When President Roger Voskuyl heard about William Porter’s “problem,” he wished more people shared a similar concern.
“I’ve been watching you people; you are doing a fine piece of work with these young people,” Porter told the Westmont president in 1960. “I believe in Christian education and want to continue to support it. Because of what God has done for me, I want to put a building on your campus. My problem is: what should it be?”
President Voskuyl suggested a fine arts facility, an idea that immediately appealed to Porter. “Mrs. Porter is very much interested in art and music, and it is to carry her name,” he replied. He gave nearly $200,000 for the project, the largest single gift to date. The new facility included an auditorium, three studio-classrooms for music and art, three music-teaching studios, and three offices.
High school sweethearts who graduated from Santa Barbara High, William and Ellen Bird Porter were accomplished people who were deeply involved in the local community. President Voskuyl first met Porter when the two served together on the United Way board.
Mrs. Porter began singing with the Children’s Festival Chorus of 1,000 Voices at the age of six, and throughout her life displayed her lovely contralto voice as a soloist and member of quartets and other choral groups. She was also a talented artist and studied with De Witt and Douglas Parshall and Carl Oscar Borg. Born in New Jersey, she lived in New York City until her family moved to Santa Barbara.
Like his wife, Porter came to Santa Barbara with his parents. He was born in Brazil and had lived in Chicago and San Francisco.
An honors student active in athletics, drama, and debate during his high school career, Porter studied law at Stanford University where he set the state record for the mile run and competed with the debating team.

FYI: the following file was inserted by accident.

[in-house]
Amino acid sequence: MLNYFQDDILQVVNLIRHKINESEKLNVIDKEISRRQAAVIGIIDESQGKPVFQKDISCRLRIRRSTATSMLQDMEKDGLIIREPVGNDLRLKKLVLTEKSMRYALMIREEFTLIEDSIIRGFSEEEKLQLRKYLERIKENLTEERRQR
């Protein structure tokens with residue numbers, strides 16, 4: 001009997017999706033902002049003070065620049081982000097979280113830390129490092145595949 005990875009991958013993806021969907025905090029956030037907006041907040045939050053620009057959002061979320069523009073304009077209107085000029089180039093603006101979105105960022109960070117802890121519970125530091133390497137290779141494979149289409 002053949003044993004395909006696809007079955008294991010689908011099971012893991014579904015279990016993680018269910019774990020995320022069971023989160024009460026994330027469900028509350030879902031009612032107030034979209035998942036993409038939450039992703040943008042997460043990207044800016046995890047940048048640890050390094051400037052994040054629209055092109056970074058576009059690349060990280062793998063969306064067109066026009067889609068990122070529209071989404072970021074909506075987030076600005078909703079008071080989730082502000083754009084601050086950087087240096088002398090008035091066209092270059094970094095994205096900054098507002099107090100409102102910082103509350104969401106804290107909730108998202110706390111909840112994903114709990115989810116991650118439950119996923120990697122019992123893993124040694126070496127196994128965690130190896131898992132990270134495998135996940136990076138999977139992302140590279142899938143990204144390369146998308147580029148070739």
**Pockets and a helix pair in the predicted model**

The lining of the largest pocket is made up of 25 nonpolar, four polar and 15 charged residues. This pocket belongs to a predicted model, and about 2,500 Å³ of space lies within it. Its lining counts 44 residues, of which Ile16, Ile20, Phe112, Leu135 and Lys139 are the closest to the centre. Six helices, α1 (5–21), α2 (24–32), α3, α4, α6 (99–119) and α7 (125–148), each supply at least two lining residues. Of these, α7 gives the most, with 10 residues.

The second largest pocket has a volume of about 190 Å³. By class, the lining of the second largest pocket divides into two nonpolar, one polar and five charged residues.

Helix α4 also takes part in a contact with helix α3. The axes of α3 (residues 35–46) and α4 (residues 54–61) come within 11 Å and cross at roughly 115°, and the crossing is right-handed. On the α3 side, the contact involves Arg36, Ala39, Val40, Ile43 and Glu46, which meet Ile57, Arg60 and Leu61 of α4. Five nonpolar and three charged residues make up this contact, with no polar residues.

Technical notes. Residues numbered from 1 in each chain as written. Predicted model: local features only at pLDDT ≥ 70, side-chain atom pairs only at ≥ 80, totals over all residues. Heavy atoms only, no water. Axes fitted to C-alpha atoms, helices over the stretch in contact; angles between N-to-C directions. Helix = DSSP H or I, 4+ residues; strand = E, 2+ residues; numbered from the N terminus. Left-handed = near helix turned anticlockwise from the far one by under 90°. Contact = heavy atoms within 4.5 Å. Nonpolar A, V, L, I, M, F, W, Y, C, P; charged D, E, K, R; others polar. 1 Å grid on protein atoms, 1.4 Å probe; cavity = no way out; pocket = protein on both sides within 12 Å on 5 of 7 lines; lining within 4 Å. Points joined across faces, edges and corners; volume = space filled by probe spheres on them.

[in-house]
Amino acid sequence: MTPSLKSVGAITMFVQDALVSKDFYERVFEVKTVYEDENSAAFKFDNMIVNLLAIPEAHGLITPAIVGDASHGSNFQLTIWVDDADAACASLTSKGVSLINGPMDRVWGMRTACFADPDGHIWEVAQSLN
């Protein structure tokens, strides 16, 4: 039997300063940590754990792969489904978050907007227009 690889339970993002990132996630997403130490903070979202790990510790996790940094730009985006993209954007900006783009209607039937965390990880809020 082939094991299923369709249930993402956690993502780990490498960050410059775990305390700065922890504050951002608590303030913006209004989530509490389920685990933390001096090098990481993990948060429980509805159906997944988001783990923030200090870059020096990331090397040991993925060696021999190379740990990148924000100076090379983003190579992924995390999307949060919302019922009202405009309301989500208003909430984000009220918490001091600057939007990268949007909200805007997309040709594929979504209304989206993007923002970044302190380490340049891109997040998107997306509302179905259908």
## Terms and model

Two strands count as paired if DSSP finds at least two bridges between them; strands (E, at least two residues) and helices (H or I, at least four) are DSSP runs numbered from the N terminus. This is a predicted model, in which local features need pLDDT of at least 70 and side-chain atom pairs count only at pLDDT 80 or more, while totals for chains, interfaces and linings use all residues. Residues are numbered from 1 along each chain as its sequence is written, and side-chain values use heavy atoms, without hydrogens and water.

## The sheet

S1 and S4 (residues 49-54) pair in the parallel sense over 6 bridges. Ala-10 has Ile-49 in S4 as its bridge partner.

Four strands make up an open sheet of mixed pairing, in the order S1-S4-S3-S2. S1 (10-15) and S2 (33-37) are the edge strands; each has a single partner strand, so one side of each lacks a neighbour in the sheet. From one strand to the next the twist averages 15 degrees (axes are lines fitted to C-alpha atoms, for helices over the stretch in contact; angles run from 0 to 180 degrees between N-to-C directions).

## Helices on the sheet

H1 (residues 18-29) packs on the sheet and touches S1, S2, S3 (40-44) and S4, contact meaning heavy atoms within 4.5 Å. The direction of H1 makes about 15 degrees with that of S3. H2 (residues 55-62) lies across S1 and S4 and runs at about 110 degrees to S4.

During World War I, Porter joined the Navy and served as an ensign. He then began working in the title insurance field and developed the certificate of title method still used today. For 23 years he led Security Title Insurance Company as president before becoming chairman of the board for seven years.
Porter loved sports and played tennis, handball, and golf. He also rode horses and raced a 40-foot sloop.
His generosity led him to support a number of organizations, including the Boy Scouts, the YMCA, and First Presbyterian Church. He belonged to many Santa Barbara clubs and groups.
Porter explained his reasons for supporting Westmont in a letter to President Voskuyl: “My purpose in making this gift is two-fold. First, I feel that the training of Christian leaders is of paramount importance if this nation is to survive and if we are to exert the needed Christian influence in the world. I recognize in Westmont College an institution of high Christian ideals led by able Christian men and women with a program that will produce this kind of intellectual and spiritual leaders.
“Secondly, I wish to establish a living memorial to my life partner who shares my concern and my objective outlined above. This particular building seems appropriate because of her lifelong interest in art and music.”
After Porter died in 1964, his widow paid tribute to him by giving money for the William Stratton Porter Center. Originally the facility housed the health center and featured offices for the doctor and nurse, two day-patient rooms, a conference room, and five offices for student counseling and placement.
The Porters also funded the new entrance to campus, outdoor lighting, scholar- ships, and the estate planning program.
—Research by History Professor Emeritus Paul Wilt